Environmental Management – is it worth it?

Waste-imageThis article will look at some essential business considerations, namely:

“Will implementing environmental measures cost too much? Are there any substantial returns on initial investments? Why spend money and resources on environmental management?”

Fines and Prosecutions
It is important to be aware of the wide-ranging powers of the enforcement authorities. For example, the Environment Agency can:

  • Issue enforcement notices, like prohibition notices (if there is an imminent risk of serious environmental damage),
  • Suspend or revoke environmental permits and licences,
  • Serve injunctions,
  • Carry out remedial works (then recover the full costs incurred from those responsible),
  • Prosecute and fine (both in Criminal and Civil law).

So if businesses do not take appropriate action to protect the environment or do not comply with regulations that prevent pollution, the above powers will be used. The powers will be used to stop businesses offending, make them restore/remediate any damage, bring activities under regulatory control and punish/deter.

Fines and Prosecutions in 2008 – Case Study 1
There were 722 cases against companies and individuals for environmental offences, resulting in fines and costs of £5.3 million. The average fine against companies was £10,080.

Two of the biggest company fines were £225,000 for breaching packaging waste regulations and £150,000 for illegal discharging from sewage treatment works.

Two individuals pleaded guilty to dumping nearly 15,000 tonnes of rubbish and received sentences of 22 months and 14 months. Another individual was jailed for a total of 32 months after being found guilty of dumping 85 tonnes of waste.

Asda Case – Study 2
Launched in 2012, Asda’s Sustain & Save Exchange scheme has saved £13 million over the past year. The scheme enables Asda suppliers to share knowledge and innovations in energy, waste and water efficiency via an online portal. Since 2005, Asda claims to have saved more than £80 million from efforts to minimise the environmental impact of its operations.

Waste – Case Study 3
Savings are possible at any stage. For example, starting at the design stage, a new healthcare centre in Scotland with an initial cost of £28,000 to introduce the waste reduction plan achieved:

  • £90,100 quantified net savings,
  • 900 tonnes of waste avoided and
  • 97% of waste diverted from landfill

Energy – Case Study 4
The Carbon Trust and Heinz improved the efficiency of a sterilising process, by halving the steam used. Heinz invested further on steam trap maintenance and repair. This saw a tenfold return on the investment through the resultant energy savings.

References_WasteEnvironmental Management System (EMS)
An EMS can be certified to Standards such as ISO 14001 and the EU Eco-Management Audit Scheme (EMAS).

A Department of Environment Food and Rural Affairs (Defra) study showed that two thirds of businesses surveyed either increased sales, or expected to do so, since implementing an EMS.  An average value of £14,961 per £1m turnover in the year following certification was quoted. This suggested a payback period of 1 month for the new business sales alone versus EMS costs.

Also cost savings were delivered for the majority of the businesses with certified EMSs with an annual average saving over 2 years of £4,875 per £1m turnover. The costs of certifying and implementing the EMS were calculated at £1,362 per £1m turnover (annual average over 2 years), suggesting a payback period of 3 months for the cost savings.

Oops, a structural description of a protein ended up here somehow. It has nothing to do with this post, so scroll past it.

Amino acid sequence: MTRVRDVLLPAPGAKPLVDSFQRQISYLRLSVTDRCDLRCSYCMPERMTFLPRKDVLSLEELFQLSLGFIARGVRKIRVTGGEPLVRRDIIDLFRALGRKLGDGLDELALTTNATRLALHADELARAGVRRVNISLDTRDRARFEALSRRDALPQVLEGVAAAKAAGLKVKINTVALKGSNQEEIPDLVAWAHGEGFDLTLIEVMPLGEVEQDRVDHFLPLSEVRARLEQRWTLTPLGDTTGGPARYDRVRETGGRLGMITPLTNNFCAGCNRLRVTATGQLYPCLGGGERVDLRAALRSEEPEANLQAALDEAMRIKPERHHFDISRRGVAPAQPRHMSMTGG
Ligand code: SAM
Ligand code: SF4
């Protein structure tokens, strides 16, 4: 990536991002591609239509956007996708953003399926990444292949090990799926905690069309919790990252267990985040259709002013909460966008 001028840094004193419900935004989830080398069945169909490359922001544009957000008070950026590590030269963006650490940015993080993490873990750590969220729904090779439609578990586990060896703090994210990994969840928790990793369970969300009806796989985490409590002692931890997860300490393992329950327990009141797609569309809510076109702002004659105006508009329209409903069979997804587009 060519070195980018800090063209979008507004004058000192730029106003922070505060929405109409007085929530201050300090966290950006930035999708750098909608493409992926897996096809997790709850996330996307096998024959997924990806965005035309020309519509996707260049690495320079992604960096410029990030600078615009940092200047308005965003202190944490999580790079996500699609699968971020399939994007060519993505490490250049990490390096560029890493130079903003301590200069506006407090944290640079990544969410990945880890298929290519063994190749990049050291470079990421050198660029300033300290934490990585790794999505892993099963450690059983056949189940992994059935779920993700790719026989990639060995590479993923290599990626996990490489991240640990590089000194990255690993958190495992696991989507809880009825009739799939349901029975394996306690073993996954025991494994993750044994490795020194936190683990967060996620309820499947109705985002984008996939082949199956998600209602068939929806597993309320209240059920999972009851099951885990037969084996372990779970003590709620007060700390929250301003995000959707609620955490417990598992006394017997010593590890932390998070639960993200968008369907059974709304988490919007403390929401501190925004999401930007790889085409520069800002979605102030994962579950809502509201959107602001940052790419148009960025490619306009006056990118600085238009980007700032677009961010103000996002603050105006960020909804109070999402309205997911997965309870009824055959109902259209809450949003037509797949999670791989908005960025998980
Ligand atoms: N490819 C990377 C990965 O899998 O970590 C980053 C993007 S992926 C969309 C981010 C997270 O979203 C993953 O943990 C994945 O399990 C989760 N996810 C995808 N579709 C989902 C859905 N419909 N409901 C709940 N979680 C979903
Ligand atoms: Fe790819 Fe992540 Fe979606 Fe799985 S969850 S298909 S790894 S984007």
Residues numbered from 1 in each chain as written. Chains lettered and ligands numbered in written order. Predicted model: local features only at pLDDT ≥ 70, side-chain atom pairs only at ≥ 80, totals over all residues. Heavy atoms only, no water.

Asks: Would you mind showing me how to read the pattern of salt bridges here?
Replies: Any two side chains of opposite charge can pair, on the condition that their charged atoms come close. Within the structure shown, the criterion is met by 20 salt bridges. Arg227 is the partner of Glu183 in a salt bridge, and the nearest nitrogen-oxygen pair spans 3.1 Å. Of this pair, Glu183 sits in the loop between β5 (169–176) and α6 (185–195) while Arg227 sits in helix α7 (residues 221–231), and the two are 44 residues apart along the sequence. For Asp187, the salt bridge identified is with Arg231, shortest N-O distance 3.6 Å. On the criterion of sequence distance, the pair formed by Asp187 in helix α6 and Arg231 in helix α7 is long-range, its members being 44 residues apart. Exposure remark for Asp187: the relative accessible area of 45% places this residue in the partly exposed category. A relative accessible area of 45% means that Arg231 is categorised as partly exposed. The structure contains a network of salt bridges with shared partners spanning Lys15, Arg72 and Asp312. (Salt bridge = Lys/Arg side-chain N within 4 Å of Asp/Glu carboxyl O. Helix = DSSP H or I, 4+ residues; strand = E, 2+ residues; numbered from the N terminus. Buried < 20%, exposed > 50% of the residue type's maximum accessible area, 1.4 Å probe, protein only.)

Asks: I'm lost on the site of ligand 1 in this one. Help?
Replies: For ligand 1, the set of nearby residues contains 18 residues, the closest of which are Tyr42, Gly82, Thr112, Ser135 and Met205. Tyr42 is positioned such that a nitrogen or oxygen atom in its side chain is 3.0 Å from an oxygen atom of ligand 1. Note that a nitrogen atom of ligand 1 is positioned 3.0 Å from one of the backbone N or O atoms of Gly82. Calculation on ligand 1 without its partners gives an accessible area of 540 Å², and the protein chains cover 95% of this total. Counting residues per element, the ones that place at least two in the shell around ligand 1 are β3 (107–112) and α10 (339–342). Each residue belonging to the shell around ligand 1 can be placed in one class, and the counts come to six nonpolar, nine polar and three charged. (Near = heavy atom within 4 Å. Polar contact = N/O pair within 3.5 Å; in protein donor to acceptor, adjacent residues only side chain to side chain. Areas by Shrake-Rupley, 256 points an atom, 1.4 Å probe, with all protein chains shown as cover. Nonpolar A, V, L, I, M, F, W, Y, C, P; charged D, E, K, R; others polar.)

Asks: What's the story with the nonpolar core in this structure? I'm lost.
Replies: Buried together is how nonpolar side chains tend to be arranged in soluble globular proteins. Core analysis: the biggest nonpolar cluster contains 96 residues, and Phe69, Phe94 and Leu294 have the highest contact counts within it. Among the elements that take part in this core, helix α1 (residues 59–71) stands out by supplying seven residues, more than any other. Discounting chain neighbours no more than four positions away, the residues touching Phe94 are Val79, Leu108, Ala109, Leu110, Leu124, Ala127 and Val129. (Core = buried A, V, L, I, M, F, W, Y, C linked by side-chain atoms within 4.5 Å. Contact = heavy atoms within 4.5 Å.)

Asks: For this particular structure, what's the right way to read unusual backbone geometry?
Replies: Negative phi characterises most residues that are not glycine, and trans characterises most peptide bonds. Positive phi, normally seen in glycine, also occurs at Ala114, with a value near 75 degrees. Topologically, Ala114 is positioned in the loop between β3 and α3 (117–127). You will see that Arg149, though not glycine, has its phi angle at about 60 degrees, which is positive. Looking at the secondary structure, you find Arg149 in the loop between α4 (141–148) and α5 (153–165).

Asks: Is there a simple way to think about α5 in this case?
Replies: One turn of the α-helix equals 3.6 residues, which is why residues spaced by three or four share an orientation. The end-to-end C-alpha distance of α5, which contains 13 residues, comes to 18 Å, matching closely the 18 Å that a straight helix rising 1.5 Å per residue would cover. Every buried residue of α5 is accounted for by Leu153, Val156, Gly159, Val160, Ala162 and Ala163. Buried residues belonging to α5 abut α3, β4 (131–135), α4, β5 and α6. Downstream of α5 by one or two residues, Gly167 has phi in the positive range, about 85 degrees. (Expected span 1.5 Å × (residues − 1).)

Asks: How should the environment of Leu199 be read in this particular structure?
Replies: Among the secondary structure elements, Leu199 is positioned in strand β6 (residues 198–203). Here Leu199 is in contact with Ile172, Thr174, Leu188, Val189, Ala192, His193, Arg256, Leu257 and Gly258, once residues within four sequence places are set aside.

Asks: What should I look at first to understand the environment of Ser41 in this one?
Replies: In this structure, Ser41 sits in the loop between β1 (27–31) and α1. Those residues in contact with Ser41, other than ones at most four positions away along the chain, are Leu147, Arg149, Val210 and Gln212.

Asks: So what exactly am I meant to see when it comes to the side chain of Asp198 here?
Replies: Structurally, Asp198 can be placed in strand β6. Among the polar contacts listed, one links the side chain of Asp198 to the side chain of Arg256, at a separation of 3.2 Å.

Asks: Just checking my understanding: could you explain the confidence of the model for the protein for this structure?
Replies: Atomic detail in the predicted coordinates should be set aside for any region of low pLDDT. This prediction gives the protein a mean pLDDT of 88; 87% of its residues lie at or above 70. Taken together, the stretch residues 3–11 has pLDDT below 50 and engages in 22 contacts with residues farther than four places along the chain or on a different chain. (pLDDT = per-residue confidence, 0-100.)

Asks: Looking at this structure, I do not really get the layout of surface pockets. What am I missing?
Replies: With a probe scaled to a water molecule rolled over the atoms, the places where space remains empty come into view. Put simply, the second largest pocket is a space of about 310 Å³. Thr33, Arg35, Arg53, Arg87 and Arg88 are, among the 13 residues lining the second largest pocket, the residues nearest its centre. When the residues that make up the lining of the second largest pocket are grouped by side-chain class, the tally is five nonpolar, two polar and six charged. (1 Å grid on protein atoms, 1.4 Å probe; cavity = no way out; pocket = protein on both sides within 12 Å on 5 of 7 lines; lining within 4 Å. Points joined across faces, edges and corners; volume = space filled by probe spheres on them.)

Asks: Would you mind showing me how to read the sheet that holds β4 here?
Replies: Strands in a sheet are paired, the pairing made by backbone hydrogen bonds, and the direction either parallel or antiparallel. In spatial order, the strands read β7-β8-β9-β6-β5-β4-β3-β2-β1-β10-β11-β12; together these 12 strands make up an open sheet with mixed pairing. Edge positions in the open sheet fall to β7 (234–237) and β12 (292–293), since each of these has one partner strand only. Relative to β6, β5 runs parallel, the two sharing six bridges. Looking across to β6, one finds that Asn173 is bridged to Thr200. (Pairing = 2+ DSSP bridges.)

EMS Case Studies
There were some excellent examples from the DEFRA study on the benefits of implementing ISO 14001 as shown below:

An independent distributor achieved:

  • 86% waste recycling rate reducing the company’s waste disposal costs by 37%.
  • 38% reduction in company mileage changing to cleaner vehicles, fitting GPRS trackers to company vehicles and providing staff with eco-driver training. The distance travelled for business per £1m of turnover was reduced by 38% after 2 years, representing an annual saving of 22,685 km per £1m.
  • 42% reduction in energy focusing on savings measures such as energy efficient lighting, sensors to control lighting usage, timers for energy consuming appliances and installing a heat pump air conditioning system.
  • 25% of turnover attributed to EMS
  • Improved sustainability of product range which helped engage customers in making more sustainable choices.

A brick manufacturer implemented ISO 14001 in less than 12 months and achieved the following key successes:

  • Annual energy savings of over 10 million kWh (over 2 million kWh per £1m turnover).
  • Reduced annual waste by two-thirds over 2 years.
  • Annual operational cost savings of over £25,000.
  • Better legal compliance and improved relationships with stakeholders.
  • Substantial cultural change.

A plant propagation nursery was able to achieve:

  • Annual energy savings of 591,4581kWh after 4 years.
  • Major infrastructure improvement like reservoir and run-off collection systems installed which supply all irrigation water.
  • Annual operational cost savings of £41,000.
  • Reduced waste to landfill by 82% in 4 years.
  • Pioneering sustainability within horticulture.

A packaging company made:

  • Improvements to fuel efficiency and business travel.
  • 41% reduction in packaging material weight.
  • 59% reduction in landfill waste.
  • Annual energy savings of over 36,000 kWh (>3,000 kWh per £1m turnover) – a 47% saving.

Summary and Conclusion
There is strong evidence of tangible benefits from environmental management and management systems.

With the correct approach, strategy, commitment from senior staff, cooperation and buy-in from employees and competent internal and external assistance it is worthwhile to combine good environmental practices with normal working methods.

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